Wednesday, December 12, 2012

Being prepared for the, hopefully, unlikely event of a divorce from day 1

We've all heard that scary statistic "50% of marriages end in divorce".  Whether that statistic is accurate or not is for another day.  Today, we are discussing how to be positive that your marriage will succeed, while ensuring that you can be independently successful if you are faced with a divorce. 

First, maintain your financial independence.  This does not mean you need to keep secret money stashed away or cannot be a stay at home mom.  What it means is ensure that you will always be capable of providing for yourself, should you need to.  Not only is this smart in case a divorce does come along down the road, but suppose your spouse unexpectedly passed away tomorrow, you would need to be able to financially support yourself and your family.  One way to do this is to maintain your education.  Let's say you have a bachelor's degree in business administration.  If you are not working, try to take classes to stay up-to-date on what is going on in the business world and how it is changing.  This will help if you suddenly need to find a job and have been out of the work force for some time.  Another important thing you should be doing is having knowledge about your finances.  It is typical that one spouse handles the finances for the family.  However, the other spouse should be well aware of how much money the family has and where the money is (stocks, 401k, etc.).  This will be beneficial to you not only in the event of a divorce, but also during the marriage.

Second, maintain your emotional and personal independence.  It is wonderful, and I believe a very positive thing, to view your marriage as a partnership and a team.  However, you need to maintain some amount of independence.  This means spending time apart, visiting with friends, enjoying your hobby, taking up a new hobby, etc.  It is said that spending time apart strengthens a marriage.  It will also help you emotionally if you do have to go through a divorce.  Without your separate aspects of life, you may be left feeling like you have nothing left in life.  If you have maintained your friendships and your hobbies throughout the marriage, you will have people to lean on and things to take your mind off of your divorce.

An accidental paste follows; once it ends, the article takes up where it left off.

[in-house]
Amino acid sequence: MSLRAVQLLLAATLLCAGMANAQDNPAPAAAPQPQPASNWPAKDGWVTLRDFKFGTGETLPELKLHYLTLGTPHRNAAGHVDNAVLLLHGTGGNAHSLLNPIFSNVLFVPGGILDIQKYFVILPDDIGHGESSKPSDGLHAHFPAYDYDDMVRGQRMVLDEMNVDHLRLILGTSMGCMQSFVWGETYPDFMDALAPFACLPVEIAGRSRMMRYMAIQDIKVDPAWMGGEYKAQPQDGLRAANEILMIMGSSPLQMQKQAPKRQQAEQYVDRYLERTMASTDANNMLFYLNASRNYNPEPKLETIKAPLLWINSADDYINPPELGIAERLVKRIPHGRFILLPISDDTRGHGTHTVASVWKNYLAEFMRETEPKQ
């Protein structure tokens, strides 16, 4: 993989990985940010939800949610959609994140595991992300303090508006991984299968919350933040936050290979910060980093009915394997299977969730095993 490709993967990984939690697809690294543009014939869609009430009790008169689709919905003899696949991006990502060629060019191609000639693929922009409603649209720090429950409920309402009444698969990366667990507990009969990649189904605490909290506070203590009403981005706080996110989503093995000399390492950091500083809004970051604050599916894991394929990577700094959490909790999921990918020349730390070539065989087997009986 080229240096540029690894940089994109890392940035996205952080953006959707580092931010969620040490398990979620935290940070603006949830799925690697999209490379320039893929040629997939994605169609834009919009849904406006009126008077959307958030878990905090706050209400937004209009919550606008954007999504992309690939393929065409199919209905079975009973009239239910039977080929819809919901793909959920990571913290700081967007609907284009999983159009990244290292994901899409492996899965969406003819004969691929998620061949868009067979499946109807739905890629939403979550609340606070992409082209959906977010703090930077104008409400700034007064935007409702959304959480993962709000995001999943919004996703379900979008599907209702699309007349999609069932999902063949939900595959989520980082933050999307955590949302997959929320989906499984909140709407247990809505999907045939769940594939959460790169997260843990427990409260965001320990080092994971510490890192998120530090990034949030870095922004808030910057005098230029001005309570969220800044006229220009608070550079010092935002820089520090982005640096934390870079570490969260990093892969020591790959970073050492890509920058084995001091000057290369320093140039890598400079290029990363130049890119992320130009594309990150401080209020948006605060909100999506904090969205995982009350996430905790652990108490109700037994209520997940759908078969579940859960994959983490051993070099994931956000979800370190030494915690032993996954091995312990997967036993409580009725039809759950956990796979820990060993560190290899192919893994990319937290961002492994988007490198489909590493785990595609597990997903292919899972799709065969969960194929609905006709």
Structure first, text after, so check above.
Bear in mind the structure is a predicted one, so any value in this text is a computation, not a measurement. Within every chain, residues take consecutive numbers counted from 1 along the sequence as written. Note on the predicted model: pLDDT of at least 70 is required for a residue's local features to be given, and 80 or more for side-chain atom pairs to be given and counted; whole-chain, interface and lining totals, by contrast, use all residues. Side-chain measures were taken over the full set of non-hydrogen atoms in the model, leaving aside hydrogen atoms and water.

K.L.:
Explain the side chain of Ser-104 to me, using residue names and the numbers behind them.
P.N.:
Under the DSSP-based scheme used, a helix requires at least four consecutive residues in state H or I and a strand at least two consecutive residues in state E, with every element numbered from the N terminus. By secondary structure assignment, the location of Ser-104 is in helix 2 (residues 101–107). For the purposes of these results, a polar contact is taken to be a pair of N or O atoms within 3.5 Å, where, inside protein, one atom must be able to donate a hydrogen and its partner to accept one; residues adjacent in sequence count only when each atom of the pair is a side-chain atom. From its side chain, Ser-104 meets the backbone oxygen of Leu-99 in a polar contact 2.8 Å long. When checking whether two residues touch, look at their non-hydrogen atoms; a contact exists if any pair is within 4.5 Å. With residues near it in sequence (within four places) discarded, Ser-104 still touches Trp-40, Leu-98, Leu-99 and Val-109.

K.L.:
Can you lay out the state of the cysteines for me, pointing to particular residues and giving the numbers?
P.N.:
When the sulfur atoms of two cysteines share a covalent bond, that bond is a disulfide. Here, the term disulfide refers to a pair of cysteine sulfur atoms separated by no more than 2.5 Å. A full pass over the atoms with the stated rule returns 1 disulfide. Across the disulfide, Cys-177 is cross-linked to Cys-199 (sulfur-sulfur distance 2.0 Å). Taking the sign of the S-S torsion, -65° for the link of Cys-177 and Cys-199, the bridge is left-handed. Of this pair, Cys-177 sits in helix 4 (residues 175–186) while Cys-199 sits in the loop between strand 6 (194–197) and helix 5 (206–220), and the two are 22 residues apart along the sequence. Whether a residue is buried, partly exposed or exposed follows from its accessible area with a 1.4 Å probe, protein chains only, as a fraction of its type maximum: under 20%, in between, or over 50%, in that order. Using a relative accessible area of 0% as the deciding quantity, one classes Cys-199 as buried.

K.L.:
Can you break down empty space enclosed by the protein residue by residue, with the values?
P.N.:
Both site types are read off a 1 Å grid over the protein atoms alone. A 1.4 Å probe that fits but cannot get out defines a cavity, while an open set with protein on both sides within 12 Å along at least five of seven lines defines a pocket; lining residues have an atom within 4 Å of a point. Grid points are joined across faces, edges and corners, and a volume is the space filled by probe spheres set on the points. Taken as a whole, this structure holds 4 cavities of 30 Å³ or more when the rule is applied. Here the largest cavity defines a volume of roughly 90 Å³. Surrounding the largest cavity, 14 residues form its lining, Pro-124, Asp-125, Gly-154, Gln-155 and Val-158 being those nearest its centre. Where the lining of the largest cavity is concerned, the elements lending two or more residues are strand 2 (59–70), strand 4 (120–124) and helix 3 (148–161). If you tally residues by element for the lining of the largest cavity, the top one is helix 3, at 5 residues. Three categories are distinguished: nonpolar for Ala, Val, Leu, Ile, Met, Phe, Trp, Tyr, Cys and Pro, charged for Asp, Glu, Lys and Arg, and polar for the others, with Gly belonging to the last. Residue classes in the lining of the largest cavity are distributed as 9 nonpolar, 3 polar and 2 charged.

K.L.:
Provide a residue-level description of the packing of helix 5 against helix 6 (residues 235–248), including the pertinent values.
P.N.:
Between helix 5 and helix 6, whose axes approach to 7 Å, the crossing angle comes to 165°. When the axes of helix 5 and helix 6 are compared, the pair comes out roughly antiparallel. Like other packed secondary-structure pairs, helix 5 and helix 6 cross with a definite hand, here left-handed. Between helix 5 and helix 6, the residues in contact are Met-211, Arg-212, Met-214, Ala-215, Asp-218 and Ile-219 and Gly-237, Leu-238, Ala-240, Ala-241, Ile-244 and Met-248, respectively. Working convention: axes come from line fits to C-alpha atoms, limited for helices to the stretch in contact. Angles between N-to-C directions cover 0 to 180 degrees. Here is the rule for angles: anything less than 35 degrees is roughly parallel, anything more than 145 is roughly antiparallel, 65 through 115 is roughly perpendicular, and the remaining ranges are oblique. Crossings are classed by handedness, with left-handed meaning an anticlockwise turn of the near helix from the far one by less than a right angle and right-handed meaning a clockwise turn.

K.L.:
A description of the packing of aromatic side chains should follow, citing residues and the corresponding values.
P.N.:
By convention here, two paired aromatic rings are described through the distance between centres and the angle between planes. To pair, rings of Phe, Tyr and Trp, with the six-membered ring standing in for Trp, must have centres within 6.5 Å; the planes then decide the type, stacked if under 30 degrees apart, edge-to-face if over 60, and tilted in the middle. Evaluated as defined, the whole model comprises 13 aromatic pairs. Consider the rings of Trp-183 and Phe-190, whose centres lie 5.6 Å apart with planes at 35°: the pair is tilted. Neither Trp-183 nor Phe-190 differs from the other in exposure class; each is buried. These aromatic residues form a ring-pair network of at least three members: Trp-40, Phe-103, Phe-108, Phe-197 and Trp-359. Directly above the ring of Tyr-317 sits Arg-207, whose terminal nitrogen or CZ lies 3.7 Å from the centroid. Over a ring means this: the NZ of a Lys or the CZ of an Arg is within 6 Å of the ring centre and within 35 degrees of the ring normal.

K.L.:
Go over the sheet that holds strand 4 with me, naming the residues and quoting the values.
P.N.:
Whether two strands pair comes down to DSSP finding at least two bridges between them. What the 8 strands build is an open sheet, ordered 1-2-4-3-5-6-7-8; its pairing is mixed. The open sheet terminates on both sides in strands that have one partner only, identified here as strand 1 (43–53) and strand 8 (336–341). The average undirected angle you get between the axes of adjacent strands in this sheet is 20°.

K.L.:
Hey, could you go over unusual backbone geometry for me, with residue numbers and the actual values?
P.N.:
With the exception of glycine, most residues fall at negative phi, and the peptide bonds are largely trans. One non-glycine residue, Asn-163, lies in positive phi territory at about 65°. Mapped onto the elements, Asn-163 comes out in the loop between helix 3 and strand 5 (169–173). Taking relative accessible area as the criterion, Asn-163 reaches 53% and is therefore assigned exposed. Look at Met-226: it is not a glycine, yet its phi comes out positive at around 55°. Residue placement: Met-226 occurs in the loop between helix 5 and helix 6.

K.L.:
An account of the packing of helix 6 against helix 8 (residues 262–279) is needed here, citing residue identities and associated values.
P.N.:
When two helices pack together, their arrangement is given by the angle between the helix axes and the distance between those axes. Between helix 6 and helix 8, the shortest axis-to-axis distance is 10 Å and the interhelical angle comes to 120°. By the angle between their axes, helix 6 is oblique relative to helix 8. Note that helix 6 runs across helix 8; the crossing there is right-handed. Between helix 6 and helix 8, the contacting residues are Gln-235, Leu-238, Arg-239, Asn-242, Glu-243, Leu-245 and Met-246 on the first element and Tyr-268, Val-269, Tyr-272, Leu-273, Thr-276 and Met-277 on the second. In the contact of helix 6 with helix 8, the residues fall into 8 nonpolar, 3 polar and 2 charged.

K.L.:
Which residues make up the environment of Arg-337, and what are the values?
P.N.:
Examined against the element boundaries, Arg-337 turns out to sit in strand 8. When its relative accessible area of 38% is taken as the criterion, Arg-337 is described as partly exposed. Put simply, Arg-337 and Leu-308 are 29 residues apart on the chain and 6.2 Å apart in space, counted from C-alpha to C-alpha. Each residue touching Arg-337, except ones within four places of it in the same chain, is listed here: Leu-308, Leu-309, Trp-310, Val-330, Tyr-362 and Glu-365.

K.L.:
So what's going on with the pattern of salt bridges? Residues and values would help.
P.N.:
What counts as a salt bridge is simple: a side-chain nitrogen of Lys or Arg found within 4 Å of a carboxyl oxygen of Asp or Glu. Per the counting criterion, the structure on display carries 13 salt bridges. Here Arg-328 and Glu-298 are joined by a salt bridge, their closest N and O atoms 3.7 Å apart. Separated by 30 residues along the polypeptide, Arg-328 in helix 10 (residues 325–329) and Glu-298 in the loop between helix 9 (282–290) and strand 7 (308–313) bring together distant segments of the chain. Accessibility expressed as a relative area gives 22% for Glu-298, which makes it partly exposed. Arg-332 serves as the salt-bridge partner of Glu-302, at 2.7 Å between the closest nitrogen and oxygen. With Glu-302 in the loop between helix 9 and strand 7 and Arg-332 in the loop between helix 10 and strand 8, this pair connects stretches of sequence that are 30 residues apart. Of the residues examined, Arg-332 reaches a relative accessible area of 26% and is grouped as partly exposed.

Finally, have a plan for YOUR life.  You will most likely plan for your life together as spouses, and I encourage that as well.  However, you need to remember where YOU want to go in life.  What is your dream job?  Where is your dream home?  While planning for your life as spouses, you should not lose sight of what is important to you as an individual.  Your plan may forfeit some of those dreams for what is best for your family.  However, you should remember your goals and dreams throughout and not lose sight of who YOU are and what YOU want.

I know many of you do not want to think about planning for a divorce, especially if you just got married.  This is not planning for a divorce.  This is planning for a successful lifestyle even if you and your spouse are no longer together at some point in the future.  Maintain your attitude that your marriage will succeed; however, maintain some amount of independence and hopefully, if you do have to go through a divorce or lose your spouse unexpectedly, you will be slightly more prepared.